I still have pain, have lapses of depression and anxiety, but the inner peace, strength and love I carry inside far outweighs the suffering. It brought out the best in me now - being empathy and forgiveness. Without that experience I would be an empty person chasing the wind. No regrets - it is a part of my existence that brought out the best in me.
24-05-2018 12:35 AM
I don't think your message is a "poor me" - I have memories about my son's death and there are times when I wish they would go away - though over time they are less
But they are part of me and I think of him every day - and why should I not - I think about my living daughter every day -
I also believe though - as hard as it is - our grief honours those who have died
But - I do understand - the good memories are painful and the bad are terrible - I have a lot of that myself
24-05-2018 01:01 AM
24-05-2018 12:35 PM
No one want to be a bereaved parent - it is a bad place to be - and I can assure it gets easier with time - I don't think it will ever go away - it's over 30 years for me now and I am okay most of the time but I have patches and anniversaries are always tough - as are birthdays - other events and then memories than can suddenly hit really hard - I do understand
About being blunt about such things - I rather think it is honest - it's the way it is - what other way can be deal with it - pushing things under the carpet causes elephants in the room.
There are people who understand and there are other people who will never get it - my own family hasn't been helpful - no one wants to be "upset" - such a shallow expressions - who wants to be upset? But what about us - we have lost a huge part of the future - so hard
To me you have said nothing obscene - I think you are expressive in the way to present how people see their bodies and the reality of mental illness - it is dissonance when carry on "normally" when surrounded by our reality -
I had a lot of professional help through life - my son had some kind of MI - he was tormented and I now know he is at peace but I have had a hard time getting to a reasonable place at times - were you the main carer for your daughter - and now is the help you need because of your loss? Even as I ask I know there are many and complex reasons for life and what it does to us.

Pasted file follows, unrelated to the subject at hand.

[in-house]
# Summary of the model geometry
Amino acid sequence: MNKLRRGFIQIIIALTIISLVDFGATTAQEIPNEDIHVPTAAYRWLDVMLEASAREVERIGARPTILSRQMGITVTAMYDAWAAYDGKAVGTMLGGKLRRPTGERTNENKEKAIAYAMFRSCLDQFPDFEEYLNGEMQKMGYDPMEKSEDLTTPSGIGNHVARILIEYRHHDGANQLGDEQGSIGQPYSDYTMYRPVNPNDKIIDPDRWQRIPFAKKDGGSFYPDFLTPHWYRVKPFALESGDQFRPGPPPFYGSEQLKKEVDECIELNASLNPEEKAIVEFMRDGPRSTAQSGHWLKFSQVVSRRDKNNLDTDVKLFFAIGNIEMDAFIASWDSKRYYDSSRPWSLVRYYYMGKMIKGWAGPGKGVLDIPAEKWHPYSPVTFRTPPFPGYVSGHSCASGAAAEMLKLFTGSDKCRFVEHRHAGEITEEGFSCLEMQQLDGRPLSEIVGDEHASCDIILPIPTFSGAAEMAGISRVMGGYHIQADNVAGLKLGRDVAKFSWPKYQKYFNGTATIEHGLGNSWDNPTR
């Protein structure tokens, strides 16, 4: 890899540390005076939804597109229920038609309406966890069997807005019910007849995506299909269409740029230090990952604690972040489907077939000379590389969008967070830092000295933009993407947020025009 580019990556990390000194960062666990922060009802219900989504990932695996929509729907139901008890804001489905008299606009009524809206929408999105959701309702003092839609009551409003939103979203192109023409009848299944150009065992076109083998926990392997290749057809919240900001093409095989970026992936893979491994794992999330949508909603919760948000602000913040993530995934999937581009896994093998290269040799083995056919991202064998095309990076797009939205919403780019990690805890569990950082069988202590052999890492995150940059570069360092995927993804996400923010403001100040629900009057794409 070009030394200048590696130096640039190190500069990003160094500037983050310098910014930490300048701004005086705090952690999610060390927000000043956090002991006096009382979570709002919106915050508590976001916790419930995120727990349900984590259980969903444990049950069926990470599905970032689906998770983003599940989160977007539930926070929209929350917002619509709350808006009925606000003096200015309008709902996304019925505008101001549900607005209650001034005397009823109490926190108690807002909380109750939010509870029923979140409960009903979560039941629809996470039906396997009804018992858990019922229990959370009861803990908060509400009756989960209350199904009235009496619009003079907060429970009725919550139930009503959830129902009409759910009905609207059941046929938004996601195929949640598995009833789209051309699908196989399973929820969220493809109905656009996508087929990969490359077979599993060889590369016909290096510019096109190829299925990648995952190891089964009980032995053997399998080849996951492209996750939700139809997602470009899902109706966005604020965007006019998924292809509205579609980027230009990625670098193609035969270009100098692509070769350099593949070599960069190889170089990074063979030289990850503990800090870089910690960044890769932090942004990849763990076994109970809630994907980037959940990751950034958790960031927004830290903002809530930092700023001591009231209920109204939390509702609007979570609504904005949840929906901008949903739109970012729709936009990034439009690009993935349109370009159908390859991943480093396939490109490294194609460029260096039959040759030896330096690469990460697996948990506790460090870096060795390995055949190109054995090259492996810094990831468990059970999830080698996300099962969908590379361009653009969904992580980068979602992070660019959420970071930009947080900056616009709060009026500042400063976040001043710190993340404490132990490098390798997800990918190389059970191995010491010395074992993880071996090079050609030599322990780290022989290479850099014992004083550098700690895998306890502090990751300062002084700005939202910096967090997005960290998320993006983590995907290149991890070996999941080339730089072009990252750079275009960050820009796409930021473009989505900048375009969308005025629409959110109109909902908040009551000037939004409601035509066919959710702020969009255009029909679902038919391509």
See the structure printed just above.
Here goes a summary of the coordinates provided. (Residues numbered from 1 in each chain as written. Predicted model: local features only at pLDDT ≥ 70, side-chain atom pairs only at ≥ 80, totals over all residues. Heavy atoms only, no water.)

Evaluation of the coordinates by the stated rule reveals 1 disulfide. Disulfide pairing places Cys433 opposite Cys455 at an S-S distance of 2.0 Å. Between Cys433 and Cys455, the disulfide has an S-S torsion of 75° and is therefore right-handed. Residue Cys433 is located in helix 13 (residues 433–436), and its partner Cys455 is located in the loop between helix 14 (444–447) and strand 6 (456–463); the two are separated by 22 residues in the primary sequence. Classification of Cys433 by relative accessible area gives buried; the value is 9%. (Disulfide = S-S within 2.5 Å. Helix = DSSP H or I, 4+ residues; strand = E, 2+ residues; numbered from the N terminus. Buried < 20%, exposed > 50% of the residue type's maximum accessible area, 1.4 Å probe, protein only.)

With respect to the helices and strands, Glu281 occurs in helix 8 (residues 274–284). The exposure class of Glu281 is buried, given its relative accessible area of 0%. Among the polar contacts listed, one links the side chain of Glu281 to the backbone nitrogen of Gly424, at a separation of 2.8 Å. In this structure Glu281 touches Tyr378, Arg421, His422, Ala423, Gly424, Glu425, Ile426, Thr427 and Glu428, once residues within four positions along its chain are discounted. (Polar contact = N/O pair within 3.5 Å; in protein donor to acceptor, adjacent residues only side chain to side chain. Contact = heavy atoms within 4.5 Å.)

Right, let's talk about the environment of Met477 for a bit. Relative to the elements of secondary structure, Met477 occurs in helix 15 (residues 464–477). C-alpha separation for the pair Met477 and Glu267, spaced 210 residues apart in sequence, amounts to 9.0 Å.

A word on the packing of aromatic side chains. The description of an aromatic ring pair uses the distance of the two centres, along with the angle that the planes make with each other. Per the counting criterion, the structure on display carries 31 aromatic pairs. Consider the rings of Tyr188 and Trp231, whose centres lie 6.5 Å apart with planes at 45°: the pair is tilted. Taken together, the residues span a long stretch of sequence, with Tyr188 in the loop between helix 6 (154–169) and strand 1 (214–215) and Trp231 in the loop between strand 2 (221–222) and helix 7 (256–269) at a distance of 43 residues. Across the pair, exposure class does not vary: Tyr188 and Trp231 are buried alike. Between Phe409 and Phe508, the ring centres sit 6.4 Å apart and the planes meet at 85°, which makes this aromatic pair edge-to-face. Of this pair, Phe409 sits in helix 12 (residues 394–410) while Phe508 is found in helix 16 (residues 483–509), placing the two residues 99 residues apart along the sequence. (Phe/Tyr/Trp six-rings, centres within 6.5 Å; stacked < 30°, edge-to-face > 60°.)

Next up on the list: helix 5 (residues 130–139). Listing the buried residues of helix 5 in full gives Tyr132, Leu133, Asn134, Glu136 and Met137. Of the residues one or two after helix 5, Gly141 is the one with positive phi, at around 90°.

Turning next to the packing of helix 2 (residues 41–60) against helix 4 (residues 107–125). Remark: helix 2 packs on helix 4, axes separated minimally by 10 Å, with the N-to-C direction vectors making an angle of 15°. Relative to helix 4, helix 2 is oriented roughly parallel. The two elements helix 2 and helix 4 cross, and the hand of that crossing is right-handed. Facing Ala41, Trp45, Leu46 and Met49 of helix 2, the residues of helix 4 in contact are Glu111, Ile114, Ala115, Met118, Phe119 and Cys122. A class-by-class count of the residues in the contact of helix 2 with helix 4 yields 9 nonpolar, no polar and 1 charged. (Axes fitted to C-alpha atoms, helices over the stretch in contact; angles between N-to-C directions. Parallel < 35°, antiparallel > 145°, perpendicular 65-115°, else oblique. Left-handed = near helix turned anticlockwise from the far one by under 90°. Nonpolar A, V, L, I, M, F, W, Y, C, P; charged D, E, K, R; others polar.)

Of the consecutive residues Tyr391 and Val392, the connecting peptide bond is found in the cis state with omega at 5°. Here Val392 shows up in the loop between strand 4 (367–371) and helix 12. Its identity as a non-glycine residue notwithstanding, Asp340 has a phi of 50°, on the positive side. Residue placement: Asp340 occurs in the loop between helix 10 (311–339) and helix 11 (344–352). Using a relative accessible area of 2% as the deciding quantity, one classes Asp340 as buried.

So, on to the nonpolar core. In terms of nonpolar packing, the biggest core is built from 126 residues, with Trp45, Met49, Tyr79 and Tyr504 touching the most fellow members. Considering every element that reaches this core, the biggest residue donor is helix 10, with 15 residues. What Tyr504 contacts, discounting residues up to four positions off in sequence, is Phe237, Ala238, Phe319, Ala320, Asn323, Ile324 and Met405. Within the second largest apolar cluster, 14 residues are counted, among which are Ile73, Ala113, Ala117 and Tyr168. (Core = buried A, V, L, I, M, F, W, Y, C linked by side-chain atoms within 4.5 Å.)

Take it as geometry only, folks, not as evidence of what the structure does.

Flashes of joy are hard to hold on to - it would be your daughter's 21st in a few weeks and her anniversary soon after - is the PTSD? I don't know but one thing I am sure of is that PTSD is something that can cause some kind of clarity - because things flash at us and we either grasp or refuse those moments - but they are impressed into our memories and it takes a lot of time to focus more naturally - or gently - time to get the sharp edges off the truth that is so brutal
I gather you have not had much understanding though this trauma - help varies - my suggestion is to hold onto your right to grieve - to weep - to be honest with yourself about your feelings.
People here have been accepting of my loss and the upcoming anniversary - middle of July - and on a date unknown - the death of one of my first cousins - next week -
I hear you - I understand - another suggestion is not to be hard on yourself - as I go through this rough time I focus on self-care - it's a good thing - we all need to care for ourselves
You are not alone - as I said - no one wants to be a bereaved parent - but since the beginning of time there have been bereaved parents yet it has never been natural
25-05-2018 12:59 AM
25-05-2018 07:23 AM
If you need urgent assistance, see Need help now
For mental health information, guidance and referrals, see the SANE Help Centre
SANE Forums is published by SANE Australia with funding from the Australian Government Department of Health
SANE Australia ABN 92006533606
PO Box 226 South Melbourne 3205 Australia
Mental Health Support Line
1300 794 991
Anxiety Disorders Support Line
1300 794 992
5 days a week
9.00 - 5.00pm
Level 5, 80 William St
Woolloomooloo NSW 2011
(02) 9339 6000
(02) 9332 0218
(02) 9332 0241
(02) 9339 6006
WayAhead is an ACNC registered Australian Charity and is endorsed by the Quality Improvement Council.